Healthy Relationships: Communication

Healthy Relationships: Communication

Whether you’re single, dating, or married, Valentine’s Day is a (cheesy) reminder of the importance of relationships in our lives.  What better way to celebrate than to hone your healthy communication skills?

Relationship expert Dr. John Gottman is famous for predicting whether a couple will get divorced within minutes of meeting them.  Dr. Gottman doesn’t have magical powers or the ability to see the future, He’s just really good at analyzing how people speak to each other.  His team of researchers have studied thousands of diverse couples and they found that it’s communication – not conflict – that determines the success of a relationship. You can benefit from his decades of research by learning to use a handful of effective communication strategies.

First, it’s important to recognize and avoid the communication styles that can ruin relationships:

  1. Criticism:  When you take a specific complaint (“You didn’t help me put the kids to bed tonight”) and present it as an attack on the other person (“You are useless when it comes to the kid’s nighttime routine”).
  2. Contempt: When you speak to your partner with the intent to make them feel bad using sarcasm, name-calling, or mocking (“Your laziness disgusts me”).
  3. Defensiveness: When you react with excuses or by putting the blame on your partner (“You know I don’t have time to help with the kids at bedtime. Why would you even ask me to help with that?”).
  4. Stonewalling: When one person stops interacting and withdraws from the conversation by giving the silent treatment or walking out of the room.

To get you started on the path to healthier communication, here are specific techniques to practice:

  1. Start gently:  If you begin a conversation with harsh criticism, the situation is likely to escalate. Instead, use “I” statements and keep your complaint simple and direct (“I want to talk to you because I was upset when you didn’t help with the kids tonight” versus “Where the heck were you?”).  By describing the problem without judgement or hyperbole, you prevent emotions from getting in the way of solving the issue.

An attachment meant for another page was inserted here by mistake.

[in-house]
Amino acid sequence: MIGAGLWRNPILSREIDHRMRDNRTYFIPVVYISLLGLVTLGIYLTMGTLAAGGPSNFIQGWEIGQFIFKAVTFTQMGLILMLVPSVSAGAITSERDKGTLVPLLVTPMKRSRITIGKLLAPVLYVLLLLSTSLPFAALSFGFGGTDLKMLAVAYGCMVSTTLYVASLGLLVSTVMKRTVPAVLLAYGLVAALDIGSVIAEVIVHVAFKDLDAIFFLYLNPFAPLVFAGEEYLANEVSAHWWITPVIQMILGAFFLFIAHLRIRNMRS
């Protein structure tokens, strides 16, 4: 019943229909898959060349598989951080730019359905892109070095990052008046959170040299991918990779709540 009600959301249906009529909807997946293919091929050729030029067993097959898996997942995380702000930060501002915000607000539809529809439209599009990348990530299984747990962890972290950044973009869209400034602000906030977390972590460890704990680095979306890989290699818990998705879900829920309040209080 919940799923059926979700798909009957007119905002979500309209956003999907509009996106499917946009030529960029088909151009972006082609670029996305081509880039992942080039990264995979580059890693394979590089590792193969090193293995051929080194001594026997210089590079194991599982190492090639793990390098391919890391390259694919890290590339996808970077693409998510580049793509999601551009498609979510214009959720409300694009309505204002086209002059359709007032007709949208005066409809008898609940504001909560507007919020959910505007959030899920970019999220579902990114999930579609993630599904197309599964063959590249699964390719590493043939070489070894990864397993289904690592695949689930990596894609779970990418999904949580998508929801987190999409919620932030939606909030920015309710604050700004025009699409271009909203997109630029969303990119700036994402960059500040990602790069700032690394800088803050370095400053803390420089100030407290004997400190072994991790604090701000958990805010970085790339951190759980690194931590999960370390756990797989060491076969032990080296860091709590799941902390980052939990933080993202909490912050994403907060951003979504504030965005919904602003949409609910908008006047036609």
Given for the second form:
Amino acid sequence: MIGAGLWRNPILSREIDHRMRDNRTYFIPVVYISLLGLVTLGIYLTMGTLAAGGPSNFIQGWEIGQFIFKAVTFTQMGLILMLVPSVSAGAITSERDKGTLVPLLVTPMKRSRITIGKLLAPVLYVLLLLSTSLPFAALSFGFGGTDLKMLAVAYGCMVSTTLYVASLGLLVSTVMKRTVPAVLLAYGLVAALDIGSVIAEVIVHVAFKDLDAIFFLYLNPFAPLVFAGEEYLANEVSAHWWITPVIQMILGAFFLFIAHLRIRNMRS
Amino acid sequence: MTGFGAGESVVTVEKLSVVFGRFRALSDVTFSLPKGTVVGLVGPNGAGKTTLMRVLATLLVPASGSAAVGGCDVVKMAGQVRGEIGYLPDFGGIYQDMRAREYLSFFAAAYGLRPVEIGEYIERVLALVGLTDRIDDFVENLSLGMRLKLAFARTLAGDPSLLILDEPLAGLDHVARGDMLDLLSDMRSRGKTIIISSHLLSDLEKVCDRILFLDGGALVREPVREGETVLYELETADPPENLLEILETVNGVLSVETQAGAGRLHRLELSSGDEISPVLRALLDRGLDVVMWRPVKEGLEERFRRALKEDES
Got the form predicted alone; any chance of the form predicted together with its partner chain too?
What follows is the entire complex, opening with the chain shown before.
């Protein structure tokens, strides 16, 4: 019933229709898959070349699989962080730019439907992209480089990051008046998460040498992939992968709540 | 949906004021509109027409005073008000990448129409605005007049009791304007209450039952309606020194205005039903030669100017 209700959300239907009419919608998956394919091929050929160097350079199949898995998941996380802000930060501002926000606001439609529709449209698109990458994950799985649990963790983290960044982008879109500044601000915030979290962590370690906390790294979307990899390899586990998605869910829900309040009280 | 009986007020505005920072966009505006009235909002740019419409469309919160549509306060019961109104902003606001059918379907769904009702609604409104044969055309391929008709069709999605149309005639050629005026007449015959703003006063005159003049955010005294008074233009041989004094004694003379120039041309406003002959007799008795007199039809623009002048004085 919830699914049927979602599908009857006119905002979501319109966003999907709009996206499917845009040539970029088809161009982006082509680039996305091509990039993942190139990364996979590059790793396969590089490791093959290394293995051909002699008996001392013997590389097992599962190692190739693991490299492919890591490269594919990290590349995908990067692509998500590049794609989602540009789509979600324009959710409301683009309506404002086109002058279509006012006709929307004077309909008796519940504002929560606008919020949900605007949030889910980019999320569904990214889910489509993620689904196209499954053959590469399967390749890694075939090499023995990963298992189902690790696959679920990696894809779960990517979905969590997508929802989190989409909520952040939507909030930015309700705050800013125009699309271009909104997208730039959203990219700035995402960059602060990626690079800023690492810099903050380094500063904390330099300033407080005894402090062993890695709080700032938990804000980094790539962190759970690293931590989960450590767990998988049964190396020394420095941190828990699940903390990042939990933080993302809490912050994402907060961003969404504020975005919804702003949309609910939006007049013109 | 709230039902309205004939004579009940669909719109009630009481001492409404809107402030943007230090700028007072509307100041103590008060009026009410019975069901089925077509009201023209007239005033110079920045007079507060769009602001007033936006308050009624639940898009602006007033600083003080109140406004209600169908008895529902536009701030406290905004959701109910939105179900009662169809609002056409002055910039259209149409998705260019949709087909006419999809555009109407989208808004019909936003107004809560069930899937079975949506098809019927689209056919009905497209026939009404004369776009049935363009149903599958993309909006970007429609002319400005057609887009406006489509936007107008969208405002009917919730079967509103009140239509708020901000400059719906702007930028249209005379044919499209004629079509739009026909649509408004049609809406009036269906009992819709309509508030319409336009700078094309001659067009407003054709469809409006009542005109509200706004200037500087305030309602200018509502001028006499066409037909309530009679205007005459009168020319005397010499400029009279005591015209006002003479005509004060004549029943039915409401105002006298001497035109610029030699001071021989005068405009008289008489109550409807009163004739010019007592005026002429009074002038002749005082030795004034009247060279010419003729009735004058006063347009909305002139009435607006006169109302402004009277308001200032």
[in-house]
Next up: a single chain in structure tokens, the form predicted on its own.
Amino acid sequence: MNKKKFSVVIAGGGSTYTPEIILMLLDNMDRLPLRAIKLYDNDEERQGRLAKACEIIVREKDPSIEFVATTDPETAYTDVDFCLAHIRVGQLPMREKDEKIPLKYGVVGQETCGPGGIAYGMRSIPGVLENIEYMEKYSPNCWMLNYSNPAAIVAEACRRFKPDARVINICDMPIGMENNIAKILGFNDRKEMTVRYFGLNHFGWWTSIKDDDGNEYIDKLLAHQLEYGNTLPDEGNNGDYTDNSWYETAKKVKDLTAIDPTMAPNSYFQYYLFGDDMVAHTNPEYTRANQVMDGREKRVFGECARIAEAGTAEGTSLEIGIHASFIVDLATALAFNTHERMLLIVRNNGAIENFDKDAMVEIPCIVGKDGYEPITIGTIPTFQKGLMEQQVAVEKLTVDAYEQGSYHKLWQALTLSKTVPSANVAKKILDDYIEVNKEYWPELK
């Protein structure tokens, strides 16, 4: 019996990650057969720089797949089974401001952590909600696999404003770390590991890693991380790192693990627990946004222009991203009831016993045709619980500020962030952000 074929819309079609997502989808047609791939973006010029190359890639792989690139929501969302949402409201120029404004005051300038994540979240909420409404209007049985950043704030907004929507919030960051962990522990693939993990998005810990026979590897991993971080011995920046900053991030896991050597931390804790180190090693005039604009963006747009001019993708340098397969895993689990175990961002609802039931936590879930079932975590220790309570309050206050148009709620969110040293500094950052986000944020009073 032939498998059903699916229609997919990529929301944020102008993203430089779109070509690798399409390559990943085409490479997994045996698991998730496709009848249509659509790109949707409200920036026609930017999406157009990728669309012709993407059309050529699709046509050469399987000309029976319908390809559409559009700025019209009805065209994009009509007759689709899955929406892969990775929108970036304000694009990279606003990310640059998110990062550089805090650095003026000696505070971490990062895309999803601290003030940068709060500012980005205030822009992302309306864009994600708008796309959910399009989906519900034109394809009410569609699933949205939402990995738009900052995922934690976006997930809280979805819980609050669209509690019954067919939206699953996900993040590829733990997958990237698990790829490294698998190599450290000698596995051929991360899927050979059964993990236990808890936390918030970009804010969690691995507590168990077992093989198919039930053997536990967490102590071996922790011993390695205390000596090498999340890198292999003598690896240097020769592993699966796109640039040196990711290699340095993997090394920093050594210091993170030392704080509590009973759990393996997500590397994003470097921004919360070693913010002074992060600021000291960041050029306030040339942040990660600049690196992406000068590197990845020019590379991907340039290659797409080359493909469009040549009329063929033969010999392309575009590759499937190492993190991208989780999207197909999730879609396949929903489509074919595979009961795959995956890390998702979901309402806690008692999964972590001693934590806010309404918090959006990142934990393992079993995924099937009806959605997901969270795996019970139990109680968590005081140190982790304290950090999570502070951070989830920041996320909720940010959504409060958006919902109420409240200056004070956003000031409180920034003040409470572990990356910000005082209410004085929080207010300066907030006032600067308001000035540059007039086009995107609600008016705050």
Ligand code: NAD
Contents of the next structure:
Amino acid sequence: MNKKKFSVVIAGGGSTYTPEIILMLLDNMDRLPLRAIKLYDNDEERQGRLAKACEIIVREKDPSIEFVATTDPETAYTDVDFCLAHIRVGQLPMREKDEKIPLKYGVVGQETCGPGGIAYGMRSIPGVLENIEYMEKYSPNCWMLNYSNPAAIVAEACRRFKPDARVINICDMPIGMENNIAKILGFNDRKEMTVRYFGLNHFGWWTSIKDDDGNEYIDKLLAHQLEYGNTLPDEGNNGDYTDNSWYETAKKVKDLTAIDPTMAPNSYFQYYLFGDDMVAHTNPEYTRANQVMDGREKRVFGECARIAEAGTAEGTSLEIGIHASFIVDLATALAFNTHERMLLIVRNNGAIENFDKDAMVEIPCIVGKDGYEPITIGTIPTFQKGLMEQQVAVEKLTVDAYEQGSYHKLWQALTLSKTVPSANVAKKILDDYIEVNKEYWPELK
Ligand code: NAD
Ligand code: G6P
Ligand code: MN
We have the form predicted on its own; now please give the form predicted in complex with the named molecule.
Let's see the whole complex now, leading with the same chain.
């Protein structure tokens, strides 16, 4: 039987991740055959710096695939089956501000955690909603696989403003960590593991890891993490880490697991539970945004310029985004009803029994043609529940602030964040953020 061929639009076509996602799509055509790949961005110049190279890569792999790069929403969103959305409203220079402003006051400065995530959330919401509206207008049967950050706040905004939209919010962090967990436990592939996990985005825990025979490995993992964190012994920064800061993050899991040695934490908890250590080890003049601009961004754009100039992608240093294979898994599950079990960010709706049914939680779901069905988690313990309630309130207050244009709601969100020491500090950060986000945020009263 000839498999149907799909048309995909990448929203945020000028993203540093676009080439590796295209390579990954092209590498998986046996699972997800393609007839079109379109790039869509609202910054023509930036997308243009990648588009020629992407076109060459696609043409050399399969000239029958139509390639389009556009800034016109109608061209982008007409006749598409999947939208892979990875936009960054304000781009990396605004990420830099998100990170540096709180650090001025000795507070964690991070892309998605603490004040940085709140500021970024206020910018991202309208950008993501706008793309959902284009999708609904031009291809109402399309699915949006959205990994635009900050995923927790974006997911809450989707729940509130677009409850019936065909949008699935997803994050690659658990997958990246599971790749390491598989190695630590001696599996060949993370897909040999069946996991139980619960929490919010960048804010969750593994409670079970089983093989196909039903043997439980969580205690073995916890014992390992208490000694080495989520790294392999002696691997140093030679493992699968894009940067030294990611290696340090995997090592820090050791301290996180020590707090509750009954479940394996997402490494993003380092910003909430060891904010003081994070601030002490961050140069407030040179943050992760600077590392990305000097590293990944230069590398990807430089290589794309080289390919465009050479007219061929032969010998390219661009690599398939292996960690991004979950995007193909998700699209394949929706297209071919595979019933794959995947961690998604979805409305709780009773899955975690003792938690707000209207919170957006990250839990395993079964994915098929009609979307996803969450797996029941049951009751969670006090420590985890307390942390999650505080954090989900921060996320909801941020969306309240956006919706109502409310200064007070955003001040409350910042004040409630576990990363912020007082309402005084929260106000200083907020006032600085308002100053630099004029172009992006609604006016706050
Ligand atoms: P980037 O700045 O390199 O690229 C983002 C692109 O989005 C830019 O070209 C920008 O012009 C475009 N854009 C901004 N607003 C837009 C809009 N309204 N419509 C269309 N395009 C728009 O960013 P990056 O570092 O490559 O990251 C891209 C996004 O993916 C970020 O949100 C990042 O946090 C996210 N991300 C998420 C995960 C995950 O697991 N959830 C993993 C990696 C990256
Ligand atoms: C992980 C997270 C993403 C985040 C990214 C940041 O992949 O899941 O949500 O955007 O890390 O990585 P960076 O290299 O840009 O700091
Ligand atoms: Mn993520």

2. Listen reflectively:  Start by keeping your mouth closed and paying attention to what the other person is saying.  When there is a natural break in the conversation, reflect back your understanding of what they said.  By paraphrasing both the content (“You don’t think I help enough with the kids at bedtime”) and the underlying message (“You feel overwhelmed”), you show the other person that you want to understand.
  3. Validate your partner: Even if you disagree with the specific content of your partner’s complaint, validate the other person’s emotional experience.  Use phrases like “It sounds like…” and “What I’m hearing is…” so that the other person can correct your understanding as needed (“It sounds like you feel alone when I don’t help with the kids”).
  4. Speak assertively: Assertive communication is based on mutual respect and the idea that both partners’ needs are equally important. Using confident body language and a firm tone, state your view of the issue and the resolution you would like to see (“I am overwhelmed by having to handle the kids’ bedtime by myself. Would you be willing to give them their baths?”).
  5. Express appreciation:  When you have issues with your partner, make an effort to point out when they do something you like. Thank them for doing little things around the house. Make eye contact. Compliment them. Small gestures can add up to a positive appreciation for each other and healthier communication during difficult times.
  6. Take responsibility: If you did something wrong, admit it! Even if it was not intentional or conscious at the time, accept that you likely played a role in the issue and can work collaboratively toward a solution (“I got caught up in my work and left you to handle the kids – I’m sorry. What would you like me to do differently?”).
  7. Keep calm: Conflict in a partnership is stressful. When you notice yourself getting heated, it’s okay to let the other person know you need a break from the conversation. If you start sweating, get flushed, or feel your heart racing, it’s probably time for a 5-10 minute breather.

Using the tools described above, you should be on your way to healthier communication in your relationship! For more information on healthy communication, visit

About the Author: Aviva Ariel-Donges, M.S.

Aviva Ariel-Donges, M.S., is an intern at SRAHEC.  She is currently finishing a master’s in public health and a doctorate in clinical health psychology at the University of Florida.
By |2018-02-01T14:29:34-05:00February 10th, 2018|Categories: Education|3 Comments


  1. Lily February 20, 2018 at 3:27 am

    This is such great advice. Thank you Dr. Ariel-Donges!

  2. Jackie Thomas February 23, 2018 at 6:44 pm

    This IS great advice. Just words can make a tremendous difference in a relationship. I have been reading Roy Rawers book Rediscovering Love and it has to do with understanding more about your relationships and what makes and breaks them. It’s been such a good read and I’ve gained so much insight and realized all my relationships need work all the time!

  3. Anonymous May 2, 2018 at 4:17 am

    Really lots of good material!

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